Igor Stravinsky makes for a first-class example of differences and similarities between neoclassicism and modernism. Modernism is defined as “A term used in music to denote a multi-faceted but distinct and continuous tradition within 20th-century composition”1, while neoclassicism may be defined as “A movement of style in the works of certain 20th-century composers, who, particularly during the period between the two world wars, revived the balanced forms and clearly perceptible thematic processes of earlier styles to replace what were, to them, the increasingly exaggerated gestures and formlessness of late Romanticism”2 By not only comparing his works to others but within his own body of work the two movements can be better distinguished. Stravinsky composed in both styles throughout his musical career making his works not only a prime example but a map for the transition between periods/movements, thus giving distinctness to the movements. Stravinsky “cultivated a flexible and reciprocal association with his changing environment. While consistently producing work which transformed the sensibilities of those who heard it, he himself continuously allowed his own sensibilities to be fed, even transformed, by the music and music-making of others.”3 By comparing and contrasting the works of Stravinsky with not only his own works, but with his contemporary's of the early 20th century, the division and resemblances between neoclassicism and modernism can be thoroughly observed.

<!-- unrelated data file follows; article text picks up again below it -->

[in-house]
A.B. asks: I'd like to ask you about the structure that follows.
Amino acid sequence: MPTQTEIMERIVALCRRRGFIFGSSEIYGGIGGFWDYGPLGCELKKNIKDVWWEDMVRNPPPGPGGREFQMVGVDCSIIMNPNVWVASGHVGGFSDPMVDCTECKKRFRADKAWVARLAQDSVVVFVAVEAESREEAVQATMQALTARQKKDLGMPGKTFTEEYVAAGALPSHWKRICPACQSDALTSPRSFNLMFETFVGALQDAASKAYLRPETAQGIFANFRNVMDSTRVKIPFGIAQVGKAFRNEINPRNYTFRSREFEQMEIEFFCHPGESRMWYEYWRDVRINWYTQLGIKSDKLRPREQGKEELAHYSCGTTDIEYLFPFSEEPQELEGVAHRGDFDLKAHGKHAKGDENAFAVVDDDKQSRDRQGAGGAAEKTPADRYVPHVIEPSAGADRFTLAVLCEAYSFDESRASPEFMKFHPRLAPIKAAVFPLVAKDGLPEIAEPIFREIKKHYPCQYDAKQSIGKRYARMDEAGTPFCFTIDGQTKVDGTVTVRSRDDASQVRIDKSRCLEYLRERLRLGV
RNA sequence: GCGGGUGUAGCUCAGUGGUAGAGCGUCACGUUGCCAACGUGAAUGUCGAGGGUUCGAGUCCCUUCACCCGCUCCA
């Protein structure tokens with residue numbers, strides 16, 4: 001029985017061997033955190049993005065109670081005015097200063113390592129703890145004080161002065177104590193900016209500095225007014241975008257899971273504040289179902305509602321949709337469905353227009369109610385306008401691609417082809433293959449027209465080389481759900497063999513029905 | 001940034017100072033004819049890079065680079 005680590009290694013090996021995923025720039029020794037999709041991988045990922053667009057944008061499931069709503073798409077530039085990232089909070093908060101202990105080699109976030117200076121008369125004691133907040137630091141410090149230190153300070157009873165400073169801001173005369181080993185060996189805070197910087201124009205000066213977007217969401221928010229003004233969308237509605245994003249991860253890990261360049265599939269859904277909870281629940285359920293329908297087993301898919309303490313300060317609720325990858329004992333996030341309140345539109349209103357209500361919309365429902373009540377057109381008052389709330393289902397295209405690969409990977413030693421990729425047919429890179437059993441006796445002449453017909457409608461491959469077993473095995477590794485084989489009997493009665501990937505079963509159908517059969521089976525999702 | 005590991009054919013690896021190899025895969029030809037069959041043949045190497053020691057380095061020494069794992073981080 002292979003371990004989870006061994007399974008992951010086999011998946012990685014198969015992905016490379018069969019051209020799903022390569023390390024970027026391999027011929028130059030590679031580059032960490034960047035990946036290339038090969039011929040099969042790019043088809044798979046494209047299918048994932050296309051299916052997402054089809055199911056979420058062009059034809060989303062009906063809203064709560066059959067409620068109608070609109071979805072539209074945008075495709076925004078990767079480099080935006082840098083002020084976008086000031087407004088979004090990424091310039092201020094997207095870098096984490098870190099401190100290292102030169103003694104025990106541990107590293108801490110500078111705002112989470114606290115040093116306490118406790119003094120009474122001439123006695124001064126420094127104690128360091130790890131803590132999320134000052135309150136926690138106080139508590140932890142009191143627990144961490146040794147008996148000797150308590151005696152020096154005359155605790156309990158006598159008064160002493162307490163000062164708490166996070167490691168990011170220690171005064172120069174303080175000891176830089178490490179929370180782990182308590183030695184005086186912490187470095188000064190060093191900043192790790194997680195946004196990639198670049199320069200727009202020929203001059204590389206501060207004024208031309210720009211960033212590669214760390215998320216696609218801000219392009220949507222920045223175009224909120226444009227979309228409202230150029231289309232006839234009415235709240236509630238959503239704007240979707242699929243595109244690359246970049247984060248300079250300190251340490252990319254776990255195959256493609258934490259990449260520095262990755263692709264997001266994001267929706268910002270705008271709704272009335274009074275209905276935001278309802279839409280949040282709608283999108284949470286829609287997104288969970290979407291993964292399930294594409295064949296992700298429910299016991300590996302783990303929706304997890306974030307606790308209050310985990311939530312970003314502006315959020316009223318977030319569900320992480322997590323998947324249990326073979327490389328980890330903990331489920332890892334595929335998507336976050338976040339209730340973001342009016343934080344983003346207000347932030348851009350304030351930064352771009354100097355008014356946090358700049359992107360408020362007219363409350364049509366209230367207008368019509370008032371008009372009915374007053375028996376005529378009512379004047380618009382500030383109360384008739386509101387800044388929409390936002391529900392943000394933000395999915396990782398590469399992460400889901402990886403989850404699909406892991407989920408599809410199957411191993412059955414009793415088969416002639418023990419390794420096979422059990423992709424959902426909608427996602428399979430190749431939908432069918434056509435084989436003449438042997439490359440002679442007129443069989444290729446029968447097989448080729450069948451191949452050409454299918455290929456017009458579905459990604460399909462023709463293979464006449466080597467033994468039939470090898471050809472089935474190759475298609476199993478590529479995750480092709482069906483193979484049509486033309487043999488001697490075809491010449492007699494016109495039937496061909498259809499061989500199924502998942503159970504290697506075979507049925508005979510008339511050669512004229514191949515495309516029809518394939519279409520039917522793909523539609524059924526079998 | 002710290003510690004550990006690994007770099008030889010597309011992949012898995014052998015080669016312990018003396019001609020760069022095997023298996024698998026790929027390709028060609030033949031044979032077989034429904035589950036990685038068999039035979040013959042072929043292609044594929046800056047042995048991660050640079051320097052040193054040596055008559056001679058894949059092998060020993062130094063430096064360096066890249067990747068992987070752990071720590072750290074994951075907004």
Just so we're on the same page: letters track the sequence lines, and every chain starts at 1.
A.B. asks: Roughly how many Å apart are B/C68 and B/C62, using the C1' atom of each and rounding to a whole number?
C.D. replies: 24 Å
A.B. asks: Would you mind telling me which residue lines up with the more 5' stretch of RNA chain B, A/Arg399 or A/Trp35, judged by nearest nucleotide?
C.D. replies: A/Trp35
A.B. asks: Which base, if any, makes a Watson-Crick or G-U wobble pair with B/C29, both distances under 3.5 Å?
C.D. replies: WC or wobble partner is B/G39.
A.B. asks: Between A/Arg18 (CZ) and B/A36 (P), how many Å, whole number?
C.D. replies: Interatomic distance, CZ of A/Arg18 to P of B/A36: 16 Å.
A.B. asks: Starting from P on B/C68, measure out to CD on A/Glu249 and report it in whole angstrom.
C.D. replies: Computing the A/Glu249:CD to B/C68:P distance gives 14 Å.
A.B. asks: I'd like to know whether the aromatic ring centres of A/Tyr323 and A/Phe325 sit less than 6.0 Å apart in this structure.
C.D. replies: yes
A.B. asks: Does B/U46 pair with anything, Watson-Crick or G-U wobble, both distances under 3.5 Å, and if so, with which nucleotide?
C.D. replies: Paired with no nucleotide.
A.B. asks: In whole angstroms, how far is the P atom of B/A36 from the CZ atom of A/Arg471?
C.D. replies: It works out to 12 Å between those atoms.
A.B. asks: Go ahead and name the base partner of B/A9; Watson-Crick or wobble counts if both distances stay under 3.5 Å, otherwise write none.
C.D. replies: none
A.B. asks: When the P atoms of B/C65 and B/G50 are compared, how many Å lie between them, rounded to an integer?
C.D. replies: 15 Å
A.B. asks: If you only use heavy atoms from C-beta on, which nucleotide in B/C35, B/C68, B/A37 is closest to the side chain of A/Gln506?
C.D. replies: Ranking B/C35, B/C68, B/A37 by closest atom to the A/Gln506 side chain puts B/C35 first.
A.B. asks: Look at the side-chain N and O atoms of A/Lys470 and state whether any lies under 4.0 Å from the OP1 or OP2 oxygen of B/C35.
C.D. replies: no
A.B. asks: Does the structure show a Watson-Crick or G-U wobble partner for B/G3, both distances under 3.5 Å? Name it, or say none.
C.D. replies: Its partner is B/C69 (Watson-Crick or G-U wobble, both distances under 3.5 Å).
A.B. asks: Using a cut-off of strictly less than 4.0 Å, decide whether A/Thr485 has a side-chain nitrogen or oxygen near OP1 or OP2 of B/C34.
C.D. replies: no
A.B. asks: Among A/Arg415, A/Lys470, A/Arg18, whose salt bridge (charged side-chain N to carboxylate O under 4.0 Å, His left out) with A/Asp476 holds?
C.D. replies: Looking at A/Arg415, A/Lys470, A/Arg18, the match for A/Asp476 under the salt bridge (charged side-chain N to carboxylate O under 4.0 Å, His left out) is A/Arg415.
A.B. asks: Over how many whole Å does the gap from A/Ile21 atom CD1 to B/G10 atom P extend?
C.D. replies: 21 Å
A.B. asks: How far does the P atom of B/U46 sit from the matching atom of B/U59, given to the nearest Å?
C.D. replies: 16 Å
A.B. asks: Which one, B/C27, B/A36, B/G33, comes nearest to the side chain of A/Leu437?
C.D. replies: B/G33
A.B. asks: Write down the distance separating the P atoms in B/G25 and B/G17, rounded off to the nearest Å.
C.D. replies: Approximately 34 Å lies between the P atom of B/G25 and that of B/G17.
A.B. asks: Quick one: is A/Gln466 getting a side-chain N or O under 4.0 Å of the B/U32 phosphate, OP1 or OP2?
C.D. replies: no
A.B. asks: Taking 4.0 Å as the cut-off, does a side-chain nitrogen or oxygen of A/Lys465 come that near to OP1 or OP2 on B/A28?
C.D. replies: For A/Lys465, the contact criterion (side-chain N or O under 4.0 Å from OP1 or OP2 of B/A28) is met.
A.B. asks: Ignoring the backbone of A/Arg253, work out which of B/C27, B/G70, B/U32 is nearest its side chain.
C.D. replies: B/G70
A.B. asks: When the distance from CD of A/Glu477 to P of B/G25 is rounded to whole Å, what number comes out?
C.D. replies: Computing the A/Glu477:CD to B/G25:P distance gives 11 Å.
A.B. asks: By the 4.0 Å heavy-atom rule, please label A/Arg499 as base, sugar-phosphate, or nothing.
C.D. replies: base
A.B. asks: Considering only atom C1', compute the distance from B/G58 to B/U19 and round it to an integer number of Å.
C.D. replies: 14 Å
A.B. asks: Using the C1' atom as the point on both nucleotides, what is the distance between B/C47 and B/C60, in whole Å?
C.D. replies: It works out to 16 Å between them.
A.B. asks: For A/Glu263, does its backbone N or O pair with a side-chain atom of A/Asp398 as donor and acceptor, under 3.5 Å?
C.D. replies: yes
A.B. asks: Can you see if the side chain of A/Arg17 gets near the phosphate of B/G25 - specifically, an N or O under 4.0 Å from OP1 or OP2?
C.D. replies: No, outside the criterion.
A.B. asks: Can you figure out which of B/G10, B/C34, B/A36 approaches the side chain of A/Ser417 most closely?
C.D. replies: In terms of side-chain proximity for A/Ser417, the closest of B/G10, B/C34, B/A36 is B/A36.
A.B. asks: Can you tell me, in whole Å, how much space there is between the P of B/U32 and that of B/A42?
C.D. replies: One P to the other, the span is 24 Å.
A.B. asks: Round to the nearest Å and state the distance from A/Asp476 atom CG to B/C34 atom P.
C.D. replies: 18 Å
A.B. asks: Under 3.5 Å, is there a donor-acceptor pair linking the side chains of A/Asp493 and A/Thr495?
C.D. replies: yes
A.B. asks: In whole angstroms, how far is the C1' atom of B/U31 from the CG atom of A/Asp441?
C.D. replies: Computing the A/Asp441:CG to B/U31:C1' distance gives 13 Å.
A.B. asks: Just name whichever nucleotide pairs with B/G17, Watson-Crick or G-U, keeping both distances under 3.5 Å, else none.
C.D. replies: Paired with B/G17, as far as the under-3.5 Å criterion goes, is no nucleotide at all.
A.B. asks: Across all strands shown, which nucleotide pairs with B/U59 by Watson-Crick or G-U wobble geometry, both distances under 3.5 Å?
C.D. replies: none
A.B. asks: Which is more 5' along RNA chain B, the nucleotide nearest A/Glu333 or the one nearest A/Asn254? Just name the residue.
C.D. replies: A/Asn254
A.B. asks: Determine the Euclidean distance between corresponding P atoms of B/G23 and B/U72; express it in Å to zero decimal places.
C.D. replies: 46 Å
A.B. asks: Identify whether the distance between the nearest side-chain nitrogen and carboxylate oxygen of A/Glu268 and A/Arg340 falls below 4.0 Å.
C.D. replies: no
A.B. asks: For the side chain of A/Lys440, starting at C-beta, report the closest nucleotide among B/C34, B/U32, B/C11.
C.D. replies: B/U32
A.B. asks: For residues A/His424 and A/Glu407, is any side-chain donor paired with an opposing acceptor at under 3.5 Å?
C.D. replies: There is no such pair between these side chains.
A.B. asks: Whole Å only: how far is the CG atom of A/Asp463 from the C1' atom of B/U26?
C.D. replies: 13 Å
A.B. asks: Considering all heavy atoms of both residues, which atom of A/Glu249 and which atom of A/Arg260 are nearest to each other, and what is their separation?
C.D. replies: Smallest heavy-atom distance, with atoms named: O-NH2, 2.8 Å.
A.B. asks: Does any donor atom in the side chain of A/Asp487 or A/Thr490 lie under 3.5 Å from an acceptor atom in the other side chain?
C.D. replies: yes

Pierre-Auguste Renoir, a famous Impressionist painter, once said that a “…work of art must seize upon you, wrap you up in itself, and carry you away…”(Kleiner). It 's the late 19th century and all of France is stirring due to the chaotic transformations caused by the Industrial Revolution (Kleiner). France became the central place for radical thinking and innovation of not only machinery, but also of thought and creation. The atmosphere of art and the culture shifted away from religion during the revolution and focused on science and personal thought, almost a glance back at humanism. This shift in focus supported new ideologies, such as Marxism and Darwinism, and encouraged the new painting style called Impressionism.
In conclusion, the art of the 19th century was composed of a sequence of competing artistic movements that sought to establish its superiority, ideologies and style within the artistic community of Europe. These movements, being Romanticism, Realism, Impressionism and Post-Impressionism, ultimately spread far beyond the confines of Europe and made modern art an international entity which can still be felt in today’s artistic world.